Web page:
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Blog: Manchester in the sun

In her latest blog, our Chief Executive, Andrea Sutcliffe, reflects on our Council meeting in Manchester and attending the Patient Safety Congress

Born in Yorkshire and brought up in the North East, I’d always regarded Manchester as being on the wrong side of the Pennines – and doesn’t it always rain there?  But after years of visiting for work events, the odd football match and birthday celebration, the city has stolen its way into my affections. I love the architecture, history, the vibrancy and resilience. So when we were considering taking the NMC Council meeting to Manchester, I jumped at the chance. I’m so glad we did.

Patient Safety Congress

Council at CongressI’d been invited to speak on a panel at the Patient Safety Congress and so that I could, we moved the Council meeting north. Council members and Executive Directors attended the first day of the Congress. What a fantastic learning and development opportunity that was for us all. Congratulations to Shaun Lintern, Agnes Jacobs and the HSJ team for hosting such a great event.

We heard from family members affected by poor care, clinicians and managers tackling difficult issues, leaders proposing solutions and the latest research. My favourite session was Civility Saves LivesDr Chris Turner shared the evidence base. For example, if someone experiences rudeness – 80% of recipients lose time worrying about the rudeness, 38% reduce the quality of their work, 48% reduce their time at work and 25% take it out on people using their service. Witnesses experience a 20% decrease in performance and a 50% decrease in performance.  As Chris pointed out, less effective clinicians provide poorer care.

Chris was followed by Dr Suzette Woodward (one of our registrants) who described a personal situation where someone at work was rude to her on an ongoing basis, how that felt and the impact it had. And finally, Jono Broad who leads on patient and public involvement for the South West Academic Health Science Network shared how it felt to be a patient when doctors and nurses argue over you.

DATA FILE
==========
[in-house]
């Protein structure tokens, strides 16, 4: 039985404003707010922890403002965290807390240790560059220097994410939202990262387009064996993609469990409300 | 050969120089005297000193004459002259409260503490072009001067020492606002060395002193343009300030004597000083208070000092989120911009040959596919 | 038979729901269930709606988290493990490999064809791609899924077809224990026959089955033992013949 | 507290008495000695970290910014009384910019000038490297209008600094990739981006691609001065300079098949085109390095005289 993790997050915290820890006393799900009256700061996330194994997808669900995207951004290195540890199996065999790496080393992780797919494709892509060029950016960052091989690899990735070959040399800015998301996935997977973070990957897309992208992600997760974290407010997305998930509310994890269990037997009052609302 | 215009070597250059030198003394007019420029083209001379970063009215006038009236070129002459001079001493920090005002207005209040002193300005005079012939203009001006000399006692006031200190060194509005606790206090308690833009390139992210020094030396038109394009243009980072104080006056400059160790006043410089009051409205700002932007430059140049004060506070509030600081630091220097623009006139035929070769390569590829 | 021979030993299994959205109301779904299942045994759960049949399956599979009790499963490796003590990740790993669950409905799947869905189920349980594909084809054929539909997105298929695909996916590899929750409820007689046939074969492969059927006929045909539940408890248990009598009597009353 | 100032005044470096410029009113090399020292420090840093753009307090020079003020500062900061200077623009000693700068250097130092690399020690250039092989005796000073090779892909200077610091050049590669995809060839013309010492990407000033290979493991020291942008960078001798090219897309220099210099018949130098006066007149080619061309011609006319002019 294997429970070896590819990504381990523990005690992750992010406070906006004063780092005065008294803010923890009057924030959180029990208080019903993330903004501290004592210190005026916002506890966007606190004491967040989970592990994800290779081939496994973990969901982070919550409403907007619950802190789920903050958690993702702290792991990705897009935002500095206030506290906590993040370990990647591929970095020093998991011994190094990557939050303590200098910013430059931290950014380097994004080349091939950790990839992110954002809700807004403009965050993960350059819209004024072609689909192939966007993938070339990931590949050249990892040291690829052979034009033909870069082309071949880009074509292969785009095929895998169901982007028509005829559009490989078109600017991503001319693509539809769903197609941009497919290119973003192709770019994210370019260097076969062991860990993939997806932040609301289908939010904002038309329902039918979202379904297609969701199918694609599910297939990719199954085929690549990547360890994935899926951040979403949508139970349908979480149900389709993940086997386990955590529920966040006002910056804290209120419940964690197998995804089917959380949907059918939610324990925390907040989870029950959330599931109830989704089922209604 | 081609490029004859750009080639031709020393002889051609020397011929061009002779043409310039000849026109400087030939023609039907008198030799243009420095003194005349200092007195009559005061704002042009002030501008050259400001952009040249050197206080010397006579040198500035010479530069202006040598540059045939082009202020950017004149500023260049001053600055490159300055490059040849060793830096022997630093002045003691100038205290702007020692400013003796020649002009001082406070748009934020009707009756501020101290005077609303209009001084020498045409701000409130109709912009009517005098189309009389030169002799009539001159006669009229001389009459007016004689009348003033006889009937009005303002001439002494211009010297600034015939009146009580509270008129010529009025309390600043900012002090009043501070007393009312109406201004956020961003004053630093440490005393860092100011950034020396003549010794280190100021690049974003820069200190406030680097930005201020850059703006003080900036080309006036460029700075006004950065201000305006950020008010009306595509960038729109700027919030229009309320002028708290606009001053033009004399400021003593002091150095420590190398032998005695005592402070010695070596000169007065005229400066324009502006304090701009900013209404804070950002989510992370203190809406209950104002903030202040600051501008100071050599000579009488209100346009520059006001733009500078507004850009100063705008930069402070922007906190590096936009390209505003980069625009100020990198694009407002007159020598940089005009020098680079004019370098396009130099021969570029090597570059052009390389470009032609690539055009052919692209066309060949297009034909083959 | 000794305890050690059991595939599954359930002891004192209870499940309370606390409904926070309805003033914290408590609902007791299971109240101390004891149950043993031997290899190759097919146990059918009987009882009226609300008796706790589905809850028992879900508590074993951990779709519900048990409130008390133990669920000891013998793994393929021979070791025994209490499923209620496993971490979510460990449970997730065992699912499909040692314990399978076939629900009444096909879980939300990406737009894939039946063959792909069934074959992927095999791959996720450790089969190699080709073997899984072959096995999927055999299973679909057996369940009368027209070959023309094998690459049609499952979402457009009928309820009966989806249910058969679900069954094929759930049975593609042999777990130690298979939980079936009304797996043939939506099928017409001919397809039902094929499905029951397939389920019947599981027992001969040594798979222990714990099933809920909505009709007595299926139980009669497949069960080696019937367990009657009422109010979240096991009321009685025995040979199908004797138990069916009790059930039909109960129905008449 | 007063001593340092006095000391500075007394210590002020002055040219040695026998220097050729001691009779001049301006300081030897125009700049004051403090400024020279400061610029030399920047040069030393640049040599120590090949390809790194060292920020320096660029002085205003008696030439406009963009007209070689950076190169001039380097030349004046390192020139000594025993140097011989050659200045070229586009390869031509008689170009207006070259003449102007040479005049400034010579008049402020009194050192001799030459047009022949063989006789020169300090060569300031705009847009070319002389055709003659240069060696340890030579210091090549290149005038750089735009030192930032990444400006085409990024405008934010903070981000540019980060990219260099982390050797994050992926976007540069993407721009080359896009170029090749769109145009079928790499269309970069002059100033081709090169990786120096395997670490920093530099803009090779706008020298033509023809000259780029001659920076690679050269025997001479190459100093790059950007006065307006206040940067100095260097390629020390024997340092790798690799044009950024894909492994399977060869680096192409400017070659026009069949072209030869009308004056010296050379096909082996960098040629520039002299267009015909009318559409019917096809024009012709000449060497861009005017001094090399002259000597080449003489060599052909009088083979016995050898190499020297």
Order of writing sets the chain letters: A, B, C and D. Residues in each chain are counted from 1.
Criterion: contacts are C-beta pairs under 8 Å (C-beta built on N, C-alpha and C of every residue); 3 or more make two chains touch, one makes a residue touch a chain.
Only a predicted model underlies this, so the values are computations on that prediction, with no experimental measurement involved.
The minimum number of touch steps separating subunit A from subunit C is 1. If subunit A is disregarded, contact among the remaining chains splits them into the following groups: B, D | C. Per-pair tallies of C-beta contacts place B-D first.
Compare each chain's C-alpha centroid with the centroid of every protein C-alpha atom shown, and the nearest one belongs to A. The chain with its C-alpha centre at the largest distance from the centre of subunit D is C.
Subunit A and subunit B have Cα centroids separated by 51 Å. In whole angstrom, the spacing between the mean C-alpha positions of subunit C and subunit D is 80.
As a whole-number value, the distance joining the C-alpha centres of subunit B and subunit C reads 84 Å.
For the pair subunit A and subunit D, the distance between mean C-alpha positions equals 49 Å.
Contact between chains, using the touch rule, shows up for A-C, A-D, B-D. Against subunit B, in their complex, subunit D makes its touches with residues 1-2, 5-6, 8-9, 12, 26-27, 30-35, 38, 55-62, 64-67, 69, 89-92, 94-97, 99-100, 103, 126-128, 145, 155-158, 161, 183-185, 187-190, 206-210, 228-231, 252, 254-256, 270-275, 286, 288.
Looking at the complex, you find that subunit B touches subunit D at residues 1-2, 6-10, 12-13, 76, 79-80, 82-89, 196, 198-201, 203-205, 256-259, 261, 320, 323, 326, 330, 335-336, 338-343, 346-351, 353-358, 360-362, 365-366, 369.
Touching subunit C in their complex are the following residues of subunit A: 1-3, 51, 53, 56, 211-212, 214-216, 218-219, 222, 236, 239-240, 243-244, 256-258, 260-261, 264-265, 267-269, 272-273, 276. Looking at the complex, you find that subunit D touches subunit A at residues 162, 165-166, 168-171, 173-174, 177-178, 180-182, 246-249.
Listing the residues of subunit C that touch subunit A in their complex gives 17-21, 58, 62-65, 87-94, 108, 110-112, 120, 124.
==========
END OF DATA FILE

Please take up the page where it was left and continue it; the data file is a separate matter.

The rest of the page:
It was a powerful session and links into the work Fitness to Practise colleagues are doing with the GMC about tackling unprofessional behaviours. While the lessons were being applied to clinical settings, it made me think that the key points apply to all of us at the NMC. Of course, none of us (least of all me) are saints and we will all have been rude at times through thoughtlessness, tiredness or irritation. But it is quite sobering to think about the impact that we can have.

Just Culture

The panel debate was the last session of the event and asked “how can the NHS balance system failure and individual error?” It started with David Sellu, a former surgeon sharing his story of being wrongly convicted of gross negligence manslaughter. In his presentation he was quite scathing of professional regulators saying that we were harmful to patient safety.

My fellow panel members were Dr Jenny Vaughan who led the campaign to overturn David Sellu’s verdict, Professor Sir Norman Williams and James Titcombe, whose baby Joshua died after being born at the maternity unit at Furness General Hospital.

Mr Sellu’s story was moving and I am glad that James was also able to share his experience as a family member bereaved by poor care. There are parallels in both stories about the impact on individuals seeking answers and justice and the need for health and care systems to create a culture where openness and learning can lead to improved care for all. This is at the heart of our new approach to fitness to practise and I was able to share how I believe professional regulation done well has a positive role to play in patient safety.

It was clear from feedback on social media that the session had provoked some soul-searching among the audience and a renewed commitment to creating a just culture where there is accountability and real change to address problems but where everyone affected is treated with dignity and respect.

Council meeting

We always get an audience for our public Council meetings in London but in Manchester there was definitely more of a crowd, including student nurses and midwives, local leaders, union representatives, educators and senior nurses. They witnessed a thorough going over of the executive team report which included our performance and risk register and a slew of annual reports the Council approved for publication later this month.

At the end of the meeting the audience were able to ask questions of their own – issues included the supernumerary status of students on clinical placements, how the NMC can connect better with students before they register, and a very appropriate challenge about the diversity of our executive team and Council.  

The feedback from attendees was really positive – they were glad we were in Manchester and appreciated seeing the challenge from Council members holding the executive team to account. This was my first experience of the Council meeting on the road and I am really looking forward to the next one in Scotland in October.

Manchester in the sun

Manchester in the sun

 

 

 

 

 

 

 

All in all it was a good couple of days – and the sun even shone!!


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